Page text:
Pete switched the fire selector lever to automatic.  There were more dark figures running around the side of the building, too many to pick off with single shots.  There was a burst of light and flame and something whizzed past his head.  They were now firing back.  Pete fired short bursts towards them and one figure fell, but more bullets zipped by his own head.  He squeezed the trigger and a long burst ripped into the night air. That was supposed to be the signal for retreat, but Dave appeared lost in his own world, muzzle-flashes illuminating a feral grin on his face.  Sarah threw a third grenade and retreated as gunfire reached towards them. She turned in puzzlement towards Pete, and he beckoned her, jerking his head to one side in a gesture to retreat.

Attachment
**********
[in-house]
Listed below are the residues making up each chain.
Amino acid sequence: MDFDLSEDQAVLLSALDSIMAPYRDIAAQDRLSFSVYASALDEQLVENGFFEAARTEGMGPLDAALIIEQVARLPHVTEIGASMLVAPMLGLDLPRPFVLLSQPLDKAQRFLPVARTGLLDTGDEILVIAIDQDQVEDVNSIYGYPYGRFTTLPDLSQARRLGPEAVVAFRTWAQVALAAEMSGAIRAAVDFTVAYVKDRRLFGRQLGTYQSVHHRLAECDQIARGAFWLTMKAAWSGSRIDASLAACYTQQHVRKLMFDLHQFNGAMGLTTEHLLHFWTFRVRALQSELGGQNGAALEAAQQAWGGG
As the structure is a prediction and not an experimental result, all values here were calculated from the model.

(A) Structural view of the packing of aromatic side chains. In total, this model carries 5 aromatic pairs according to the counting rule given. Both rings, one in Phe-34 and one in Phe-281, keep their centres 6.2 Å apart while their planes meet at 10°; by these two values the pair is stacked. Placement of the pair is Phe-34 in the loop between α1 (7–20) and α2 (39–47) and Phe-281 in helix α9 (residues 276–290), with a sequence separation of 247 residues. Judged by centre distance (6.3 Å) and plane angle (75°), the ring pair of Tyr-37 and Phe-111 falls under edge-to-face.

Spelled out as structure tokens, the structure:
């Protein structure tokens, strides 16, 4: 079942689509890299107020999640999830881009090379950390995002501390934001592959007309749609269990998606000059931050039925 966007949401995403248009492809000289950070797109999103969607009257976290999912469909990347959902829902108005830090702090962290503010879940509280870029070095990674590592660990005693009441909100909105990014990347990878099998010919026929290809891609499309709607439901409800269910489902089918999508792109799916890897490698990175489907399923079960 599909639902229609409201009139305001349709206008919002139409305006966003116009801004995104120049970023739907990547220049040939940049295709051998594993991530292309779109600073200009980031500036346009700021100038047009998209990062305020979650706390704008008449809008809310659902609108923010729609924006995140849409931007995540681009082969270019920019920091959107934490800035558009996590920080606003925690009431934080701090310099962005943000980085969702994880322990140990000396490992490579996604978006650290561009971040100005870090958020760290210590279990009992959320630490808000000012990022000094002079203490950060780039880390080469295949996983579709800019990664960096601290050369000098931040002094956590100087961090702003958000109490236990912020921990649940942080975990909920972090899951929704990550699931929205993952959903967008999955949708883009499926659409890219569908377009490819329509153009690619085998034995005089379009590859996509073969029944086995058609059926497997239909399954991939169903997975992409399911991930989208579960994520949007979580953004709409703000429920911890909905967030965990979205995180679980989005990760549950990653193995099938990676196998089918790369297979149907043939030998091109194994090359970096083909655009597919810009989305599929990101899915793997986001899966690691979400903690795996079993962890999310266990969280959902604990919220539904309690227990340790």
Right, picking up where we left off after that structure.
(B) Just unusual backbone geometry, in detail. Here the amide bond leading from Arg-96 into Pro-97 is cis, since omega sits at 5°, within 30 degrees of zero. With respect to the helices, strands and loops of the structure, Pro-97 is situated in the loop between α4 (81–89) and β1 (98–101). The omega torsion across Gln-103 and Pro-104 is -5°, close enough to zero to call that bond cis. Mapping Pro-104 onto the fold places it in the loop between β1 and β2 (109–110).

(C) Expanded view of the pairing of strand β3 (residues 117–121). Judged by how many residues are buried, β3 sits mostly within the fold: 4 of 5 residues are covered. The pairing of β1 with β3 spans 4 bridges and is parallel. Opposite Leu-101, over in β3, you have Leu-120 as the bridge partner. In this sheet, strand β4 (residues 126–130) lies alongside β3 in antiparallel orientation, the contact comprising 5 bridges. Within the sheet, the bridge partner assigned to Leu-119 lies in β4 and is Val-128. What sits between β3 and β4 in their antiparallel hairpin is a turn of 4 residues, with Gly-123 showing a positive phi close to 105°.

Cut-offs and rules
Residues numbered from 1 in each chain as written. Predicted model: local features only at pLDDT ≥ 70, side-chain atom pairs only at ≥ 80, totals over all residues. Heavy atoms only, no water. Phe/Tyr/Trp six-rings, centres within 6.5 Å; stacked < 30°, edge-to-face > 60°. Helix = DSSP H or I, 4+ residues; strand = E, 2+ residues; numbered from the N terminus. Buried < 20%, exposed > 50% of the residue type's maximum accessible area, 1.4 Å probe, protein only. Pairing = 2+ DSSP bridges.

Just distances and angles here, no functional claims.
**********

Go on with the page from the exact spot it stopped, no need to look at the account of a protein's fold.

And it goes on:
Dave jerked as a pistol-bullet tore through his upper right arm and into his chest.  His vision darkened as blood threatened to burst his brain.  Bastard dumdum, he thought through the haze of pain. They had modified their ammunition to spread on impact and cause maximum damage. He collapsed onto his stomach and rolled back onto his side, fixing a fourth magazine and ignoring the agony flaring from his shredded flesh.  This time he fired on full automatic into the group of bodyguards and protection officers.  Some of them had submachine guns as well, and the rounds tore into his body as the rifle bolt clicked open on an empty chamber. Wish I had a fucking bayonet, he thought, as he fell forward and died.